“The first puppy I raised works for the Americans with Disabilities Act (ADA) coordinator at the Massachusetts State House in Boston. Recently, Carl invited me — on behalf of his dog Merrick — to ‘Take Your Mother To Work’ day. I had the privilege of meeting those with whom Merrick works, and seeing how gracefully and carefully Merrick guides Carl to work every day on public transportation and through Boston’s busy streets.”

As a result of TJ and Trapani’s involvement with Guiding Eyes and Watson, a crew from CBS News went to work with them for a story that ran in July. “Since the segment aired, so many people have reached out,” she says. Those groups include the USMC Wounded Warrior Regiment and American Humane, as well as the Endangered Wildlife Trust in South Africa, which is already working with IBM on a program to save endangered rhinos.

In late 2017, Trapani, Russenberger and Daryl Pereira, creative content director for Watson and Cloud Platform marketing, hosted an IBM Design Thinking “Dog Collar Jobs” workshop in Washington, D.C. Their goal was to explore the applicability of the technology to other working dog programs within the military, law enforcement and other government agencies and not-for- profits.

“There is a growing critical need for qualified working dogs,” she says, “and we believe this technology can help so many agencies develop more dogs to successfully fill those roles.”

Looking to Watson for even better results

As for Watson’s relationship with the dogs at Guiding Eyes, Russenberger says the first study “was a dip in the water,” and a deeper dive is in the works. “The real question is whether Watson can give us a reliable prediction of success early in a dog’s life. Right now, we graduate about 50 percent of the puppies that start training with us. That’s not good enough.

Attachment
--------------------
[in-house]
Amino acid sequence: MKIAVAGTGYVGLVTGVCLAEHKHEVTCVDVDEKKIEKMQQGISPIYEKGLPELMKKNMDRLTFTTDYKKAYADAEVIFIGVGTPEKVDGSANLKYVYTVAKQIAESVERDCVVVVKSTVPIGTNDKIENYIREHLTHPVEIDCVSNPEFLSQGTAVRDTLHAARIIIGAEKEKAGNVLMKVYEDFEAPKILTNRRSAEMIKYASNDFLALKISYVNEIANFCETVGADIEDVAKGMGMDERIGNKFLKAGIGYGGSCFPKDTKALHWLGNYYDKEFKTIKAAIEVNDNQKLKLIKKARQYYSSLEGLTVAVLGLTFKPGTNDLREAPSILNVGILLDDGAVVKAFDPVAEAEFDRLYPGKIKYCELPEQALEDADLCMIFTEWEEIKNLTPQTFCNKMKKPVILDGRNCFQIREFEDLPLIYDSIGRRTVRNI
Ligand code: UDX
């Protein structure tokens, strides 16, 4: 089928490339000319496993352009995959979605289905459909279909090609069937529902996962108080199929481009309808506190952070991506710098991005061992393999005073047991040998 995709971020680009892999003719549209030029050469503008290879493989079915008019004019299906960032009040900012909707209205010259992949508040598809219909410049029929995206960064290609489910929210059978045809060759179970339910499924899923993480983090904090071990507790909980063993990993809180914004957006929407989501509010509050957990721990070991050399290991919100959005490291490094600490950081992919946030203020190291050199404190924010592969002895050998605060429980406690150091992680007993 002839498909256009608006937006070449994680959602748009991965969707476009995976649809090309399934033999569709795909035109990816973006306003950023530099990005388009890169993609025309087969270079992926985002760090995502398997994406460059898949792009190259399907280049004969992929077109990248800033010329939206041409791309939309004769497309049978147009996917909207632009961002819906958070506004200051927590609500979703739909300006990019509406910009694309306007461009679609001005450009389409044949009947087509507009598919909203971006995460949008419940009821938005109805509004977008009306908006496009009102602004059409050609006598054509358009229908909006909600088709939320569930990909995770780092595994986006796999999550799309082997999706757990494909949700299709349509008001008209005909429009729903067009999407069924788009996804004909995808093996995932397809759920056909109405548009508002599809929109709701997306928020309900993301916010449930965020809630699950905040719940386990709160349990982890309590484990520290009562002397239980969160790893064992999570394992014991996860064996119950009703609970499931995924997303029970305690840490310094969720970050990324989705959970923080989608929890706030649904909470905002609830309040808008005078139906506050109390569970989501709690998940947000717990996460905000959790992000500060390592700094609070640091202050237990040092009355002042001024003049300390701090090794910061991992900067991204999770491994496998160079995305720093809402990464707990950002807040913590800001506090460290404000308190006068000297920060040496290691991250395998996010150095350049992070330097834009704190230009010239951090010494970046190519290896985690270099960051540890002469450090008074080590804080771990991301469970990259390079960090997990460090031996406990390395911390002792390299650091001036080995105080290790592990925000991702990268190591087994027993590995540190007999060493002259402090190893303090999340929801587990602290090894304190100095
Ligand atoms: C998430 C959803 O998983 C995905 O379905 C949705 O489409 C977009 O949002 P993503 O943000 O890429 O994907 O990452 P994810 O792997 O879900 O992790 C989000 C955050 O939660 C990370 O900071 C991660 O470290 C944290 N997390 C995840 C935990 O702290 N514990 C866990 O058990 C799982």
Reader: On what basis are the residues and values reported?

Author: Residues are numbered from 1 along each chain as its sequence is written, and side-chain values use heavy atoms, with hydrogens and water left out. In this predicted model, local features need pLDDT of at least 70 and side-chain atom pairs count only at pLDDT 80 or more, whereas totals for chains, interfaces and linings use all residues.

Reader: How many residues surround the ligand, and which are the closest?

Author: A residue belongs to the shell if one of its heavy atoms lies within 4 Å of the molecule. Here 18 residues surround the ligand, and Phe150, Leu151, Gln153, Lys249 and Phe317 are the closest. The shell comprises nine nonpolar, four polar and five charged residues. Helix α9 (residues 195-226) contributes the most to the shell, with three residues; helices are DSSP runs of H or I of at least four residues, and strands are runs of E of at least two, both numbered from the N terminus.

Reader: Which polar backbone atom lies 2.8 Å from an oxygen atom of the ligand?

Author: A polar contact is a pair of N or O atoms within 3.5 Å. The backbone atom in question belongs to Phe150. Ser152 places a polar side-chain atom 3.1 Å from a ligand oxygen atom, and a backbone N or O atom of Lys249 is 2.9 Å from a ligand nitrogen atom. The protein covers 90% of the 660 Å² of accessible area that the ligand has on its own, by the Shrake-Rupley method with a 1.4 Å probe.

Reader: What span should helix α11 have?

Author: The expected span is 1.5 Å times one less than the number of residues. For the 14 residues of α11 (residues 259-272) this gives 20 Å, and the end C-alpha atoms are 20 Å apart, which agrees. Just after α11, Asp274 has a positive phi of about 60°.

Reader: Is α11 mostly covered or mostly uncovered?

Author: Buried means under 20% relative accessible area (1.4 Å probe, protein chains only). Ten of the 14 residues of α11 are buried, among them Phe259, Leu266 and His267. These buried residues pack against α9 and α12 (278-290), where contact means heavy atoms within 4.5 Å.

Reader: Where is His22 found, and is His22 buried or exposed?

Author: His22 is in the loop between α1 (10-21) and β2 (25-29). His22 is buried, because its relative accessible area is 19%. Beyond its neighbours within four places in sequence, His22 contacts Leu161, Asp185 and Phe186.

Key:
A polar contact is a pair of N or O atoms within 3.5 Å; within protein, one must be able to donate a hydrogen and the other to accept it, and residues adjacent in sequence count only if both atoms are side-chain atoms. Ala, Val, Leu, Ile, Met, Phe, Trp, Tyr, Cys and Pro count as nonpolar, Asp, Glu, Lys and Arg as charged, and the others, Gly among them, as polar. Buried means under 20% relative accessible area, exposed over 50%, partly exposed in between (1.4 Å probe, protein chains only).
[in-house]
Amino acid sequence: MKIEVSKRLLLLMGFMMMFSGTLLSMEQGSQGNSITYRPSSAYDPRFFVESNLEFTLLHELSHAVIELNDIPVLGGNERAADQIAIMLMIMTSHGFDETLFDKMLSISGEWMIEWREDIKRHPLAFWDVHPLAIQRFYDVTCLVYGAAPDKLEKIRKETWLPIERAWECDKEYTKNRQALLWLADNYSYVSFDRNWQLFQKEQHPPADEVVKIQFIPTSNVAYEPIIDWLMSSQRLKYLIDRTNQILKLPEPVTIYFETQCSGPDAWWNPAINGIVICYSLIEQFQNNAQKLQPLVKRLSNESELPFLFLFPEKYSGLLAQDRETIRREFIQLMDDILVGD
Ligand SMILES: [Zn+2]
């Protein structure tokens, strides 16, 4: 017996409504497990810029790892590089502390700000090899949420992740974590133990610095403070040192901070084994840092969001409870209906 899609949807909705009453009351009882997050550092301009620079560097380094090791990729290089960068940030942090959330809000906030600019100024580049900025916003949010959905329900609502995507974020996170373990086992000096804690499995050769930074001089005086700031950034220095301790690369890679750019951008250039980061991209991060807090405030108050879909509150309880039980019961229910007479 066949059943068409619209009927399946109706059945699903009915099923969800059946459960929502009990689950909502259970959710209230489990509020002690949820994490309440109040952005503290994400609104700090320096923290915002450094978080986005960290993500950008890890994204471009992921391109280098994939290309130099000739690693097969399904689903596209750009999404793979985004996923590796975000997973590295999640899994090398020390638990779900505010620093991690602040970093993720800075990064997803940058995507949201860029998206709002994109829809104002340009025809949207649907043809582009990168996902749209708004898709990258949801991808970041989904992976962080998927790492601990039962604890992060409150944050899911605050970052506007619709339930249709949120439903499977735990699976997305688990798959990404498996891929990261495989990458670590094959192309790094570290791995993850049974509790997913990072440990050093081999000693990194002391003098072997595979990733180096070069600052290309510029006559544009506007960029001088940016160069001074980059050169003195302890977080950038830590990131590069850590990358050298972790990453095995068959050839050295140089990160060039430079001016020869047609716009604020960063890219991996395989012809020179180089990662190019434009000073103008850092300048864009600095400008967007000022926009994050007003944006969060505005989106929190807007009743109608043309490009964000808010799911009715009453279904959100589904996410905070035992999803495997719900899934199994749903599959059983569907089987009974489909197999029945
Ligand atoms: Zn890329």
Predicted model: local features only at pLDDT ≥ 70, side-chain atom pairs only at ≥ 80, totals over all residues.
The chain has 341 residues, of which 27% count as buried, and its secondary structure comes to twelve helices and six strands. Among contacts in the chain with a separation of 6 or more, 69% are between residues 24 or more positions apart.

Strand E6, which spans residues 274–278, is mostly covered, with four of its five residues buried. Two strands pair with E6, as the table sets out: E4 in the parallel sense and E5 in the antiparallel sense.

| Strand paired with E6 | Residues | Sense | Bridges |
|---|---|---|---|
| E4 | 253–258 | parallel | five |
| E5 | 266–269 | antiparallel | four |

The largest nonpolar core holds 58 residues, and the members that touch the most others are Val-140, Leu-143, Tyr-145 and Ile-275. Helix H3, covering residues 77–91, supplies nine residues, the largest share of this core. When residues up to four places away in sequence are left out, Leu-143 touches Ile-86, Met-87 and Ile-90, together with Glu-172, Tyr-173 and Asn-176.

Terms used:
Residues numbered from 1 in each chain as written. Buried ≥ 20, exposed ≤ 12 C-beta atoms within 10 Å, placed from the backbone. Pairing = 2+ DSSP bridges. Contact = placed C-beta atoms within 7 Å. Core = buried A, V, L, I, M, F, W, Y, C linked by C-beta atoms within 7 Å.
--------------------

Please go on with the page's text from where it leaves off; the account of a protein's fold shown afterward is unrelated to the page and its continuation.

“Guiding Eyes will be collecting data for the next year and a half on 350 to 500 puppies wearing monitors measuring heart rate and movement during tests,” she says. “We’ll monitor them for stress through early socialization, through puppy raising, and through training. Watson will then analyze the complex interplay between genetics and environmental influences that shape each dog’s personality. Insights gained can increase our ability to predict which pups will be successful with which people and could have such a positive impact on the percentage of dogs we graduate.”

For Trapani, the hard work and sacrifices she makes as a puppy raiser pay big dividends in the changes the dogs make in their humans’ lives.

“A man with five daughters, who received a guide dog I had raised, said, ‘Ed is the son I never had. With Ed, I’m doing things I haven’t done since I lost my sight. He gave me my independence back.’ Another recipient told me he lost his vision at 16 years old. He said, ‘I was just learning to drive, and hadn’t yet started dating.’ He said the following few years were very difficult, but ‘then I got a guide dog, and I’m sitting on a park bench and someone sits down and tells me what a beautiful dog I have, and suddenly I’m going for coffee, then I’m going for dinner, and then I’m getting married … to the woman my guide dog most liked!’”

IBM and Watson are helping Guiding Eyes raise and train successful guide dogs so that more visually impaired people can get the help they need. Learn more: